Updated Apr 21, 2020 - Politics & Policy

Trump says he'll suspend immigration to U.S.

Photo: Alex Wong/Getty Images

President Trump announced in a tweet Monday night that he will sign an executive order to temporarily suspend immigration to the United States in response to the novel coronavirus pandemic.

Details: "In light of the attack from the Invisible Enemy, as well as the need to protect the jobs of our GREAT American Citizens, I will be signing an Executive Order to temporarily suspend immigration into the United States!" Trump tweeted. The White House did not immediately share any detail about what such an order would state.

  • It's unclear when he would sign the order and whether it would be extended to non-American citizens who plan to travel to the U.S. for family visits or on business.

The big picture: Trump's announcement comes days after he fueled reopening protests with his "liberate" tweets singling out some blue states on lockdown, and as the president and some governors have announced moves to partially reopen the U.S. economy.

By the numbers: The virus has infected more than 784,500 people and killed over 42,100 in the U.S. as of early Tuesday, per Johns Hopkins. More than 72,500 Americans have recovered, and over 4 million tests have been conducted.

Editor's note: This article has been updated with new details throughout.

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U.S. coronavirus updates

Data: The Center for Systems Science and Engineering at Johns Hopkins; Map: Andrew Witherspoon/Axios. This graphic includes "probable deaths" that New York City began reporting on April 14.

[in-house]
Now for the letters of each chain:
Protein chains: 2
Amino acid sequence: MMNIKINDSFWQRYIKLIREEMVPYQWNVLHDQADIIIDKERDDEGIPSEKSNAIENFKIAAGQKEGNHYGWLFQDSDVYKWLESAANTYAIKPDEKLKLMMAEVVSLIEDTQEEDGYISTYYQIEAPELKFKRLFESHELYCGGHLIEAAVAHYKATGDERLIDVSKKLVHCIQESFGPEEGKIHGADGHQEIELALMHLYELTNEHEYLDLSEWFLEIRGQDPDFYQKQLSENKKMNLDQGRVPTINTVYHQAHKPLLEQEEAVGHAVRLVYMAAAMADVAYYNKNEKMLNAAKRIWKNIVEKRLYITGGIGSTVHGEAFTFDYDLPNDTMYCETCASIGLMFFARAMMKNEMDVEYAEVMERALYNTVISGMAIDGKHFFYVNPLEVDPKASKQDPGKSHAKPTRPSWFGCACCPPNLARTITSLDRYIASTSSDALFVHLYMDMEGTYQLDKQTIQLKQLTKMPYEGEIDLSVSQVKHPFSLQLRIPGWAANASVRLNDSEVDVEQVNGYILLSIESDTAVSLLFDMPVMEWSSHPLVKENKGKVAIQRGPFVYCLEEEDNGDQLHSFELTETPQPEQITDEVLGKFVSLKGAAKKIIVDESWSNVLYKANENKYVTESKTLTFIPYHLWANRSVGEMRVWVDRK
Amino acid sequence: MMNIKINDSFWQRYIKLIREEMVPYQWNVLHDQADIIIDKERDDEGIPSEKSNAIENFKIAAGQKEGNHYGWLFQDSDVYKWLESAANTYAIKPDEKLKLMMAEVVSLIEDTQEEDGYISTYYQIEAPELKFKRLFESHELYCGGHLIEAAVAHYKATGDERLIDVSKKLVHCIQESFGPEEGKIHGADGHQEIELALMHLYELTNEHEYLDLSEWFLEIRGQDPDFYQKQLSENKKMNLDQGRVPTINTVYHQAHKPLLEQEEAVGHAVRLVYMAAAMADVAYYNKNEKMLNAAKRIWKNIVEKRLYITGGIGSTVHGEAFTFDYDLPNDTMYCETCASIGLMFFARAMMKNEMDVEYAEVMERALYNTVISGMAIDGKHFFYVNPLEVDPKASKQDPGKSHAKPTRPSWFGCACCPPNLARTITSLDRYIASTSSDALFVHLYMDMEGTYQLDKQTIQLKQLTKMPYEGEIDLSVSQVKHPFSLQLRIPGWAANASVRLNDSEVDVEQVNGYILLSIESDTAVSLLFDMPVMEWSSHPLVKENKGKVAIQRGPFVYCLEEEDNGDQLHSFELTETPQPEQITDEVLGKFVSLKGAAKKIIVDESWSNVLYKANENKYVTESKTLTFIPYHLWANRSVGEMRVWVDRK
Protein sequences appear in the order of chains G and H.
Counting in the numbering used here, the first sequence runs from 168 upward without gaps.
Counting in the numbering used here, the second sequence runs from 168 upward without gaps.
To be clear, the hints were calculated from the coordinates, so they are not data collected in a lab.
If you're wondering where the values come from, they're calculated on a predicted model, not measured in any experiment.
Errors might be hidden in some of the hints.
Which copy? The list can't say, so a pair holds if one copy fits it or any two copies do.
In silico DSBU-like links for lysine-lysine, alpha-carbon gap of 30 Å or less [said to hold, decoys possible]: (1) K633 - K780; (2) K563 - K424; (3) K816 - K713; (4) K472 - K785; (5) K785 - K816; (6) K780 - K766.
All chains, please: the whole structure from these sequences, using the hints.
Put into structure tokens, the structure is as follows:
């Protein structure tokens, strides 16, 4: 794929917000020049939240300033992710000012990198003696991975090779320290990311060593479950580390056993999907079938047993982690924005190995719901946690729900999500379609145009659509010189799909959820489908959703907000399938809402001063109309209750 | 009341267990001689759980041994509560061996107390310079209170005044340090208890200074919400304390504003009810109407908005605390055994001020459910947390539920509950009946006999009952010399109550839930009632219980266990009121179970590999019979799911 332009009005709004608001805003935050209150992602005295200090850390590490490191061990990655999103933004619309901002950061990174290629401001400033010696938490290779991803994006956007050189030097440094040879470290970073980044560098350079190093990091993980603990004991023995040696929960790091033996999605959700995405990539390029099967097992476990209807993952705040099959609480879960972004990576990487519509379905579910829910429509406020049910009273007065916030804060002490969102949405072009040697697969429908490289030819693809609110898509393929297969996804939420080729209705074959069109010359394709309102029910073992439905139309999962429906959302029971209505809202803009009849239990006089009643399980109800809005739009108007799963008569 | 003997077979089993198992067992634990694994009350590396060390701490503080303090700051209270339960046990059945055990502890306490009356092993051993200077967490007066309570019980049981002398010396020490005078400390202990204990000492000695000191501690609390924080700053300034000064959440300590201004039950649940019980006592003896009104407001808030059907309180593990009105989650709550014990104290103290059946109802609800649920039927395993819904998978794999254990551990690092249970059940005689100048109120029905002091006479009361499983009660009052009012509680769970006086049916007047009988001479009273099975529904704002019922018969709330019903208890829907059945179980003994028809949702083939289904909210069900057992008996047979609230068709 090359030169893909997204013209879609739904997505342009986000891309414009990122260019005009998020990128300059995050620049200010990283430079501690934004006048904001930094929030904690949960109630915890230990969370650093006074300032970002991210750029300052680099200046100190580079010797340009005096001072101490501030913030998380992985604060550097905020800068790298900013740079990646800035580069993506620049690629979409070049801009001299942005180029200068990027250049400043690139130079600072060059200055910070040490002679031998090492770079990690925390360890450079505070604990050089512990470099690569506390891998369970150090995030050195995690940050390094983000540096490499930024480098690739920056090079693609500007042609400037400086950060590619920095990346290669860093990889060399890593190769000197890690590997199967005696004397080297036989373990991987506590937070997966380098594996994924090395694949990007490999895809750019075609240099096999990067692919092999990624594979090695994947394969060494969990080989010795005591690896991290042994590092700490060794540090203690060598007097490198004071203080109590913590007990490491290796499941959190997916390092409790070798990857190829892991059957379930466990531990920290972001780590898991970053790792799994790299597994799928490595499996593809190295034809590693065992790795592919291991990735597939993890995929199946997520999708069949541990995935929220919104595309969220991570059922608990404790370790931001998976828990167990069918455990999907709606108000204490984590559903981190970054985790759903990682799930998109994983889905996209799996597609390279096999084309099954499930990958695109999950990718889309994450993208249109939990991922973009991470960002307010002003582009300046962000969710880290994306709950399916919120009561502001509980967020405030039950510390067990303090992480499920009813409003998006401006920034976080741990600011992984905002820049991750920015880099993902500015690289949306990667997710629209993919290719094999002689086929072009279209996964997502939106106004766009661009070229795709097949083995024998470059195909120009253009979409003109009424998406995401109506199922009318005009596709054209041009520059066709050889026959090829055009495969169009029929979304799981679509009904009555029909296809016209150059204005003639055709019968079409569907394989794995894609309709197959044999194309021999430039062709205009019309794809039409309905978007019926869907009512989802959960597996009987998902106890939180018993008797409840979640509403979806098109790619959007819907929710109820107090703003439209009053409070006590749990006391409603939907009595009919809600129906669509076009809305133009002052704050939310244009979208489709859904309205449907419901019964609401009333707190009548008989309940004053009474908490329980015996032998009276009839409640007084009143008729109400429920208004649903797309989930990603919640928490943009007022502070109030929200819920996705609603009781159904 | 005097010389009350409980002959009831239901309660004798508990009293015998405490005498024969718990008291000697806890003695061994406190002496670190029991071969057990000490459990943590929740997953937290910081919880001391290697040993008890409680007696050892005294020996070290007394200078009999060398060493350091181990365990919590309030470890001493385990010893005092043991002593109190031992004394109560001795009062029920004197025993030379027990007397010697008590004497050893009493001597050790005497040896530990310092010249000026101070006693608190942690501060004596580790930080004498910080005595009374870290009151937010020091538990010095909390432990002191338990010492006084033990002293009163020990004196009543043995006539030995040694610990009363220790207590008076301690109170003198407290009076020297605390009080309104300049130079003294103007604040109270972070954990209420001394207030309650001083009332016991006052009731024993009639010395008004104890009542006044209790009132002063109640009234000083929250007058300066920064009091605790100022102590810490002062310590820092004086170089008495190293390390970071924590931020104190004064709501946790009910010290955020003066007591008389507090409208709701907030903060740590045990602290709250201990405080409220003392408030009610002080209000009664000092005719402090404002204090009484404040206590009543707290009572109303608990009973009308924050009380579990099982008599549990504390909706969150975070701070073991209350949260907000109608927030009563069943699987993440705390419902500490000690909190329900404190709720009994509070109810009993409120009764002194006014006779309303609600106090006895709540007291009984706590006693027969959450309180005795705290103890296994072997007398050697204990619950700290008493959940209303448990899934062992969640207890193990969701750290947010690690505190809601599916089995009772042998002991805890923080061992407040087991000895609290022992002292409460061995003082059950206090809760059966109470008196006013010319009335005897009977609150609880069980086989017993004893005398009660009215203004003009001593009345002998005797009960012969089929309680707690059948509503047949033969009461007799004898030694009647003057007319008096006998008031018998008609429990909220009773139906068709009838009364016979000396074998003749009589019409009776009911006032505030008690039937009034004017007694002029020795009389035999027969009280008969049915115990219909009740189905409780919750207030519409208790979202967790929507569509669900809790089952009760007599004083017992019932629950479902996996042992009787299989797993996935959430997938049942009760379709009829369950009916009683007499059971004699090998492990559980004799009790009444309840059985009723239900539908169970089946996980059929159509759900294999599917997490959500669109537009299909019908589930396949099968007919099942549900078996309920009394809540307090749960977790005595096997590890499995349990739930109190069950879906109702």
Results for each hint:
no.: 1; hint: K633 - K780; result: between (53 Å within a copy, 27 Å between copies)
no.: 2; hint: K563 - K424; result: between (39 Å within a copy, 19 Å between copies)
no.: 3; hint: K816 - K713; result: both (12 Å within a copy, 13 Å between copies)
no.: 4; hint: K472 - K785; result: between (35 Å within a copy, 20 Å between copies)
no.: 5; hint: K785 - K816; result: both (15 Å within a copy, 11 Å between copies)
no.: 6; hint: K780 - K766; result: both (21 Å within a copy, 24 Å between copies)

About 40.7 million Americans have filed for unemployment since the coronavirus pandemic began, including 2.1 million more claims filed from last week.

Why it matters: Even as states reopen their economies, Americans are still seeking relief. Revised data out Thursday also showed U.S. economy shrunk by an annualized 5% in the first quarter — worse than the initially estimate of 4.8%.

PPP failed to get money to industries and areas most in need

Data: U.S. Small Business Administration; Chart: Naema Ahmed/Axios

The Paycheck Protection Program (PPP) "appears to have missed the mark," S&P Global chief economist Beth Ann Bovino writes in a research report to be released today.

What it means: The PPP's first round largely skipped over states and industries that were the most in need, while the second round still has 39% of allocated cash remaining, even as many businesses are at risk of permanent closure.

Mark Zuckerberg: Social networks should not be "the arbiter of truth"

Photo: Drew Angerer/Getty Images

Facebook CEO Mark Zuckerberg argued on CNBC's "Squawk Box" Thursday that social media platforms should not police political speech, and that "people should be able to see what politicians say.”

Why it matters: Zuckerberg was responding to Twitter's decision this week to fact-check a pair of President Trump's tweets that claimed that mail-in ballots are "substantially fraudulent." Twitter's label, which directs users to "get the facts" about mail-in voting, does not censor Trump's tweets.